If your part is any sort of shape other than cylindrical, or lacks rotational symmetry about some imaginary axis through the part body, then a CNC mill is likely the machine for you. With milling, the stock that the part will be cut from is usually a six-sided bar or sheet of material (though it can also be a cylindrical rod). This stock is fixtured to the bed of the machine and the features of the part are cut using a rotating tool such as a drill or endmill.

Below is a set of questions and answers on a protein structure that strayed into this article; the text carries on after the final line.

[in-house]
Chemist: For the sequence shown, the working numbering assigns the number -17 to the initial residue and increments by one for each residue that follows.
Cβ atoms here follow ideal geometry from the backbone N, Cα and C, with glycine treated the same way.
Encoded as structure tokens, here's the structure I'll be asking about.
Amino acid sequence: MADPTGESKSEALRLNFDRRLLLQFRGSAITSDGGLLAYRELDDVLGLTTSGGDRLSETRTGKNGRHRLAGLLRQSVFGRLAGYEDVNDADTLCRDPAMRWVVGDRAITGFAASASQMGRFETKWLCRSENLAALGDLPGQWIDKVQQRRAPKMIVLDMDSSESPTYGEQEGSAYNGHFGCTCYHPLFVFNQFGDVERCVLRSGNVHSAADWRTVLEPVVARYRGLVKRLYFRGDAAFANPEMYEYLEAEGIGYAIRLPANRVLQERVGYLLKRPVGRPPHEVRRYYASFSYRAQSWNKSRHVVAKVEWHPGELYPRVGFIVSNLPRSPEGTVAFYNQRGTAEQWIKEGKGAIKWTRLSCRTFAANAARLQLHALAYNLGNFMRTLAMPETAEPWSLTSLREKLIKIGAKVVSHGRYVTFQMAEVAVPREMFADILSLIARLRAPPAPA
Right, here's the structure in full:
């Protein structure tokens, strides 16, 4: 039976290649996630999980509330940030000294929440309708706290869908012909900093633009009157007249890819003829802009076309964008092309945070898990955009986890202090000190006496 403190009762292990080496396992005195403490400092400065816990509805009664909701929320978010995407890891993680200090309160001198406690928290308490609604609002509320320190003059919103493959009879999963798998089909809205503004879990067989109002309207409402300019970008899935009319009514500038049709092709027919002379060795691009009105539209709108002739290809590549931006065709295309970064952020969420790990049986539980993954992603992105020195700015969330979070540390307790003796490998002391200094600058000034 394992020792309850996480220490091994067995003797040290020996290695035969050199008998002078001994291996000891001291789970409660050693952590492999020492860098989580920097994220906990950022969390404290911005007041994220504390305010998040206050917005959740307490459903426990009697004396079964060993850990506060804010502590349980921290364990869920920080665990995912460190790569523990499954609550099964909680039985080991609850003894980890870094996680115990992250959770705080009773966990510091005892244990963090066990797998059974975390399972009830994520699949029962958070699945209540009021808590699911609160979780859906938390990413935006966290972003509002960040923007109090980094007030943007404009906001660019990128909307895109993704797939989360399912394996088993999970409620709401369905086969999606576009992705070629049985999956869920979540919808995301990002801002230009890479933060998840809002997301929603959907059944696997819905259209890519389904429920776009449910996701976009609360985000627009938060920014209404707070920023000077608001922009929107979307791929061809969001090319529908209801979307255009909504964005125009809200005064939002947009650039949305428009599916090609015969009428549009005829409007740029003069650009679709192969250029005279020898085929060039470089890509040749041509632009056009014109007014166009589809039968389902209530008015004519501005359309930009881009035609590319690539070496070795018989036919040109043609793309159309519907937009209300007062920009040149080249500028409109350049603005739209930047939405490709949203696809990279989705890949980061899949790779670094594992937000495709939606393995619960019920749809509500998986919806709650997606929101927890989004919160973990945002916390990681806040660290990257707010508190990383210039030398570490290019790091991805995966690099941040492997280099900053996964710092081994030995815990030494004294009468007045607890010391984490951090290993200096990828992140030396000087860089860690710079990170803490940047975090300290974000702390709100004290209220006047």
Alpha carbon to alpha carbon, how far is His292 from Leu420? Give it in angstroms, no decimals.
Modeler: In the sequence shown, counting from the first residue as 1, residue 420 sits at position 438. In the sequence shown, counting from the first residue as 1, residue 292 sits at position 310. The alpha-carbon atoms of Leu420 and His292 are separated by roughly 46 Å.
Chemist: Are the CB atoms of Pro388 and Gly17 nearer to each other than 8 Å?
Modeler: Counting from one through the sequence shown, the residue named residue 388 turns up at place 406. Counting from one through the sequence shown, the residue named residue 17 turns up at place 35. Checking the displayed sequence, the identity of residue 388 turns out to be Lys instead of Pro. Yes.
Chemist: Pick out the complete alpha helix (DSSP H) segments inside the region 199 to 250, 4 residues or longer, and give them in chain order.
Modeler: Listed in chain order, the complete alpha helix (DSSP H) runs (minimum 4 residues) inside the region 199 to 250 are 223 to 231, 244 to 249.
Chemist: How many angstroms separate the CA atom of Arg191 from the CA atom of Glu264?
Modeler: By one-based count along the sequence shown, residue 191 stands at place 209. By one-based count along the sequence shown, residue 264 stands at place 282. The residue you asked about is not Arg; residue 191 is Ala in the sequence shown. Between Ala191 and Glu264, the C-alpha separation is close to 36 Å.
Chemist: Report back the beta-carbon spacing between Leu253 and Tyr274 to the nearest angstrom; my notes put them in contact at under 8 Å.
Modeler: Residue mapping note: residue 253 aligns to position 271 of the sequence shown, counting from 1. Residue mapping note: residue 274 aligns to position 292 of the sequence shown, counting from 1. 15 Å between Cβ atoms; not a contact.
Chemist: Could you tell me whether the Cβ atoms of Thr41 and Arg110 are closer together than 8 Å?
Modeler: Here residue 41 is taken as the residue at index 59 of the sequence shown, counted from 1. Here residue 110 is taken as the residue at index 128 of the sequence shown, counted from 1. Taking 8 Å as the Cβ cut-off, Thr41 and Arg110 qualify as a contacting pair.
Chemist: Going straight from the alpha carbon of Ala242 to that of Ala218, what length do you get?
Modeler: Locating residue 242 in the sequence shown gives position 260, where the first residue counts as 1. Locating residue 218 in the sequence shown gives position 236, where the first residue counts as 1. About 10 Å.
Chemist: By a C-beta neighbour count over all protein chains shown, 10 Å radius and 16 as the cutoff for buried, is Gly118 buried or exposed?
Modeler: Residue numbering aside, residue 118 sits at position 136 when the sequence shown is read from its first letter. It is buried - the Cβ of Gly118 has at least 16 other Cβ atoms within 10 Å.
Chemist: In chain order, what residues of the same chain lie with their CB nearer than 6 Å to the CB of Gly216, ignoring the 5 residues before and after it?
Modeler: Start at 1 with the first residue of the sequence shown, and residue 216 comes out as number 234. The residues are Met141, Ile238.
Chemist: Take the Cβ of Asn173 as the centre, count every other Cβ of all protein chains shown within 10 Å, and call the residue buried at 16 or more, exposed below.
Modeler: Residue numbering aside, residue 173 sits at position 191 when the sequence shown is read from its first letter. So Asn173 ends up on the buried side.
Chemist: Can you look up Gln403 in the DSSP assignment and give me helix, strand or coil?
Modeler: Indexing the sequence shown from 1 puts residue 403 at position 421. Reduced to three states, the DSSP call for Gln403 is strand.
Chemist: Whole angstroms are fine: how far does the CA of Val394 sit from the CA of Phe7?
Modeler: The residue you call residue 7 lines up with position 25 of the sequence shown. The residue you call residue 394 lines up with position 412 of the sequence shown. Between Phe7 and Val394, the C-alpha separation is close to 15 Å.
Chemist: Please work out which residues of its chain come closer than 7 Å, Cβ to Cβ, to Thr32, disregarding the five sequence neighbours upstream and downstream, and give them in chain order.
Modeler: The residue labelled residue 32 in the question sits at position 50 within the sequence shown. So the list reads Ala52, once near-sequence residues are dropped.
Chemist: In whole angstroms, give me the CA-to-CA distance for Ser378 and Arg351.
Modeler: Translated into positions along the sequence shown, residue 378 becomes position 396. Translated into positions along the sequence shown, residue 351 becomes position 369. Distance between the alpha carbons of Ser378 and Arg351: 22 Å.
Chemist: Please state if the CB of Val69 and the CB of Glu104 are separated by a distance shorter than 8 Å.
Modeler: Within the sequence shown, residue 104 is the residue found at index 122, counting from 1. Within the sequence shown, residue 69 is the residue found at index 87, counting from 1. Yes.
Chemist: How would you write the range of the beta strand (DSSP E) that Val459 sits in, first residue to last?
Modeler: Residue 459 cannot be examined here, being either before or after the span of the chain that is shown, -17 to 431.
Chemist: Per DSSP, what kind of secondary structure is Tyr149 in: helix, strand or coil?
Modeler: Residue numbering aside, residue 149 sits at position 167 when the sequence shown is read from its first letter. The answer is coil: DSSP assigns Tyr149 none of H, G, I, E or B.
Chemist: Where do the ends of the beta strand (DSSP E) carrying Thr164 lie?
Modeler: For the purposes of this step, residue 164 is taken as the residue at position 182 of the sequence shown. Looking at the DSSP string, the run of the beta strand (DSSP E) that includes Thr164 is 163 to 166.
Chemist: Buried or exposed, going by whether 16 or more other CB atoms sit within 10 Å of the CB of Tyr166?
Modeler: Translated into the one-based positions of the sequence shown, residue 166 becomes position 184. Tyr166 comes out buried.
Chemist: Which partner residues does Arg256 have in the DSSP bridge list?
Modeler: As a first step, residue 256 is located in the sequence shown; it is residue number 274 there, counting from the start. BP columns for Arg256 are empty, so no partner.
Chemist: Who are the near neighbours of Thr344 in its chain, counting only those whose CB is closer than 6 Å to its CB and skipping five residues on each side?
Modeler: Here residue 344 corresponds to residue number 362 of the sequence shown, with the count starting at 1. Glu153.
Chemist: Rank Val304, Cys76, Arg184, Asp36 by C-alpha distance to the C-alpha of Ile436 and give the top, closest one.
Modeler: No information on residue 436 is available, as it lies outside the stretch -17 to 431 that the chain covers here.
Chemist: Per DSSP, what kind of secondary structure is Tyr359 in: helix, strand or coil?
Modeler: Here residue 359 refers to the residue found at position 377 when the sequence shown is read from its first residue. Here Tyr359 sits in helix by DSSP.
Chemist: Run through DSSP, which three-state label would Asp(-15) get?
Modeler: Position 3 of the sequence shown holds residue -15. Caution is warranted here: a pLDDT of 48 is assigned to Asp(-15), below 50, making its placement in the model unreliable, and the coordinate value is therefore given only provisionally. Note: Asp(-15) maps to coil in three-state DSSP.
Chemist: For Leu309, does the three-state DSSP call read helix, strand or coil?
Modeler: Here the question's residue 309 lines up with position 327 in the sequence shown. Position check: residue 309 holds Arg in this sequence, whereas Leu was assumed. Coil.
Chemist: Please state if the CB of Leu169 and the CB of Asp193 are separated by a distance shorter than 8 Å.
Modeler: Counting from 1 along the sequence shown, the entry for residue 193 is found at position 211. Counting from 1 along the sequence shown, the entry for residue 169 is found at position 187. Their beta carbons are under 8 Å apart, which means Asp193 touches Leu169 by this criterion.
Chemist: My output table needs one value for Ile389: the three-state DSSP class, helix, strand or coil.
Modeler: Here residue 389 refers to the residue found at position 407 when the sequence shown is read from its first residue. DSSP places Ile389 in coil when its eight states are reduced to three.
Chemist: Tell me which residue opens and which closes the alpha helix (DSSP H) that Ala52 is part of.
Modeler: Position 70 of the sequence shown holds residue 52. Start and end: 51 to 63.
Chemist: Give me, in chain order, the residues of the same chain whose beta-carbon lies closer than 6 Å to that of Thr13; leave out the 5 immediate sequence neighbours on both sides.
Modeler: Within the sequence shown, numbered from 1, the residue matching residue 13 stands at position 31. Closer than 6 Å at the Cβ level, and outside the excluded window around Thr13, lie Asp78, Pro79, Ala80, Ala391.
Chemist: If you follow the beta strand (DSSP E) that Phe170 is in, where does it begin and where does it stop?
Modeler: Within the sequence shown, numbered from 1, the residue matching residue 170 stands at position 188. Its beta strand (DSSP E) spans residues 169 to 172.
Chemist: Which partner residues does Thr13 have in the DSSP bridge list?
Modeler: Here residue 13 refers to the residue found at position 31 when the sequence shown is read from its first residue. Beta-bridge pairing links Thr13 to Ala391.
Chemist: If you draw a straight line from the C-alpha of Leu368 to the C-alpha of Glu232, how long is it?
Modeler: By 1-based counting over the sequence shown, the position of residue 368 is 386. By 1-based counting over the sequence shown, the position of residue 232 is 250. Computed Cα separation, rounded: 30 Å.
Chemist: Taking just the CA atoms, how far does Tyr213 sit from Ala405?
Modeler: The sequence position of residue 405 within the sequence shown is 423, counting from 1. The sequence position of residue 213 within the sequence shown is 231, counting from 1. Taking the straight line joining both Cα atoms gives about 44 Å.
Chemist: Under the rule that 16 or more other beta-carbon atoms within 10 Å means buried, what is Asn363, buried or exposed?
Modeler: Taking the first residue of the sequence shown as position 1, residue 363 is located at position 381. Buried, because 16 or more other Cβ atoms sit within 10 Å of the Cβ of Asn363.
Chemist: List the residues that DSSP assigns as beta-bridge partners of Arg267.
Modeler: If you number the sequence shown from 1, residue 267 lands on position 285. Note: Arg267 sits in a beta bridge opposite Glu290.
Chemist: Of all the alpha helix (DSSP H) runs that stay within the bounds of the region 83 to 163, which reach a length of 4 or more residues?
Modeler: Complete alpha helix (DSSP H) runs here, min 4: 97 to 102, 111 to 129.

With a 3-axis machine, the rotating tool mentioned above can translate relative to the part in the X, Y, and Z axes (thus the name), but is fixed in a vertical (or horizontal, depending on the machine) orientation. With modern CNC mills, the tool can also move in any combination of the 3 axes simultaneously.
A 5-axis machine is capable of the same movements as a 3-axis machine, but with added rotation about the X and Y axes. It is usually the bed that rotates rather than the tool-head, though both types of machines do exist. This added rotation allows for much more freedom when machining each setup.